You Say Pomodoro. I Say Pomo-DONE-o!
I know the title for this post is the cheesiest thing I’ve ever written. But, it makes me laugh. So there.
Every aspect of what I do for a living involves me to be a “self starter”. As an actor- I have to do my own marketing, my own preparation for auditions, my own copies, my own submissions… And this is all before I even book a job. The job is the easy part. I show up, people tell me what to do and I go home. But most of my “work” I do off set. As a writer- I roll out of bed and have to manage my time, wisely. If I don’t, I end up on Amazon buying all of the books on the best-seller list and justifying it as “research”. As a producer- Don’t get me started. You’re the only one doing ANYTHING as a producer. You are doing EVERYTHING that NO ONE wants to do. And, time can slip away in a snap. So, time management is the key.
When you are an artist, no one teaches you how to manage your time. Isn’t that one of the stereotypes? We flitter through life, not concerned about the rules of society. “It took me ten years to write my novel, because I needed my soul to bleed out in it’s own time…” Well, here’s the reality: I need to get shit done. I’m a working-artist mother. I don’t have time to be waiting for “the time”to feel like writing, etc.. If I want to write an article or play, I need to do it now. Especially with the efficiency and speed of life in the internet age. So, a friend turned me on to The Pomodoro Technique. It’s named after the iconic tomato (pomodoro in Italian) kitchen timer. Honestly, this site would still be in limbo without it.
The technique, basically, streamlines what you need to get done in a day and forces you to attack each task in uninterrupted 25 minute spurts. It decreases “burn out” by giving you 3-5 minute breaks every 25 minutes. It has worked wonders for me. I get shit done! (As long as I am pomodoro-ing.) Even as I type, the ticking of my Pomodoro app is buzzing in my ears. (Apparently, the sound helps your brain to focus with a sense of urgency from the tick-tock.)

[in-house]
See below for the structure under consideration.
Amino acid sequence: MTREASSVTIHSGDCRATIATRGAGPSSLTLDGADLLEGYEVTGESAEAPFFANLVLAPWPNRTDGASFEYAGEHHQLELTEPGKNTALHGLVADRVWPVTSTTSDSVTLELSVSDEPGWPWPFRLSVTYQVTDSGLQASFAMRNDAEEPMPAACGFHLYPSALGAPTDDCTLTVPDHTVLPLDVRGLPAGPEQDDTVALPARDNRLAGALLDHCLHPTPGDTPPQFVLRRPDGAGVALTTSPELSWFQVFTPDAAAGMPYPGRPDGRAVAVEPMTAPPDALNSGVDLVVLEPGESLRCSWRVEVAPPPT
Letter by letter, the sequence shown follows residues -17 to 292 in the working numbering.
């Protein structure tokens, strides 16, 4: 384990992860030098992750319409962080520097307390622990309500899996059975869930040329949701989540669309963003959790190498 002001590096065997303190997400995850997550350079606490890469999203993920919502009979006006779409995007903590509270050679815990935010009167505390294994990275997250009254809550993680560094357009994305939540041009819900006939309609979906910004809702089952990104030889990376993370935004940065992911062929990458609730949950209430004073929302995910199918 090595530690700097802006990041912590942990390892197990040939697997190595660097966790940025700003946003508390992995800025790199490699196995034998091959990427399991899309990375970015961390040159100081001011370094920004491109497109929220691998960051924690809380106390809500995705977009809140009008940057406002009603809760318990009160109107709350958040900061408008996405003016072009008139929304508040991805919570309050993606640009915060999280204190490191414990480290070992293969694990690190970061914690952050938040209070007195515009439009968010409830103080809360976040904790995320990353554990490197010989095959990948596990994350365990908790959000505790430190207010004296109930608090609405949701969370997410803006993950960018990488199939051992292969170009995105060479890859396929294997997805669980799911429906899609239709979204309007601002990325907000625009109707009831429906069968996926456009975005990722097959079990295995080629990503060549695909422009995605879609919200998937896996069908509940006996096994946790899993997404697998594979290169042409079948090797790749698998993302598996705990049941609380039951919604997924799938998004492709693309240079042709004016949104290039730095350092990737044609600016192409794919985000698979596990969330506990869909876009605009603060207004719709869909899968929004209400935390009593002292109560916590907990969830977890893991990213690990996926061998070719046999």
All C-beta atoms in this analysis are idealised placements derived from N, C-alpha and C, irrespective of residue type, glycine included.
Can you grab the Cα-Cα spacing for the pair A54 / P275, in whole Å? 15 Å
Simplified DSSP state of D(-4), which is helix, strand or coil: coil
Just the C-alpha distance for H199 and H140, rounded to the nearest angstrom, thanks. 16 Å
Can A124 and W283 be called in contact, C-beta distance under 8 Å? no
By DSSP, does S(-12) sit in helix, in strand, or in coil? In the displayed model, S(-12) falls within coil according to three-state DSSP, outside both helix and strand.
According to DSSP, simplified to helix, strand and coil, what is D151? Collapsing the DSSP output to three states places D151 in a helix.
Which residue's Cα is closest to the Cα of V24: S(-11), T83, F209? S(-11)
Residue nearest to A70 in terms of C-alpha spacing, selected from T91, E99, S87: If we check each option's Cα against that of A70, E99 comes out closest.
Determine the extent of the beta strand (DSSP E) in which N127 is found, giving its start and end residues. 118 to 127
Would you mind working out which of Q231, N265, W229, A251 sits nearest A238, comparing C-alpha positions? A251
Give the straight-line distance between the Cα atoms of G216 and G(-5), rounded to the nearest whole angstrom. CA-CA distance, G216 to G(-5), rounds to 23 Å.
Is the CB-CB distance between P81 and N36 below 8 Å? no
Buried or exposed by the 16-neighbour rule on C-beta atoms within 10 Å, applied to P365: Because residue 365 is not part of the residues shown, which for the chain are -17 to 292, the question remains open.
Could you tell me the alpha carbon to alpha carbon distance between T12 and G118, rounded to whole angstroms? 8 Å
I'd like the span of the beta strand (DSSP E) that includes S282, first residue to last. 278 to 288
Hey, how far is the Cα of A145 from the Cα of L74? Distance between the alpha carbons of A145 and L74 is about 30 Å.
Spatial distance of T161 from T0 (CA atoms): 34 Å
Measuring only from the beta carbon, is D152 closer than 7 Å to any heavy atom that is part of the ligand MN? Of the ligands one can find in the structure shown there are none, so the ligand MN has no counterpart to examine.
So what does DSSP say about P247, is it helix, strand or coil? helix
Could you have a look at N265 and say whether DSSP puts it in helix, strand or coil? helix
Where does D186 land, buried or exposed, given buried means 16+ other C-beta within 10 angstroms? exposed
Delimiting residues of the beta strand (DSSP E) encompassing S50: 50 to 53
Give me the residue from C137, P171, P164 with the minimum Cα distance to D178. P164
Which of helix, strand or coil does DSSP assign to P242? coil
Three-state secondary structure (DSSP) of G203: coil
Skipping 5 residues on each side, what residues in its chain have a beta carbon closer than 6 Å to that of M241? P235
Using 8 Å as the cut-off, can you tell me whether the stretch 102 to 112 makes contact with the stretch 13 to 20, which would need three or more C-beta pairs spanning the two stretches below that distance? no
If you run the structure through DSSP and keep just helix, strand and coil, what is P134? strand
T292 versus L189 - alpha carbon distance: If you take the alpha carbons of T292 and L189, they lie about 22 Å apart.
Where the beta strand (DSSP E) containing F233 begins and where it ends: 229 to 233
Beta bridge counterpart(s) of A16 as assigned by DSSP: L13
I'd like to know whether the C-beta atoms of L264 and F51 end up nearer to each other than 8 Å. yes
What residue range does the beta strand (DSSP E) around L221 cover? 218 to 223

Here’s the ChikFood gist of it (but, please go to the Pomodoro Technique website to get the whole scoop):
Make a list of EVERYTHING you need to get done.
At the start of each day, make a more condensed list of what you want to get done that day.
Break up your to do list into 25 minute pomodoro tasks. Note that pomodoros can be divided. Meaning one task may take you one and a half, or six pomodoros. For instance, my articles usually take between two to six pomodoros. But, my emails are usually less than one. So, I will combine my emails with another small task in one pomodoro.
Set your pomodoro timer for 25 minutes and work UNINTERRUPTED until the timer goes off.
Then take s 3-5 minute break.
Start another 25 minute pomodoro.
Take a longer break (25-30 minutes) after four pomodoros.
Make sure you write down when you start each pom and if it actually took the amount of time you estimated.
If you get interrupted by yourself or another, make a notation of it. It’s interesting to see how you or your workplace effects your productivity.
Do this until the end of your work day and look at your list at the end of the day. You’ll be shocked at how much you get done. Or, how long things actually take to get done.
Here are some handy worksheets to help you get started:
Also, here are some apps and vendors to buy your own Pomodoro timer:
Tomato Timer for your home computer
Pomodoro Timer from Amazon.com
9 Free Apps for your mobile device.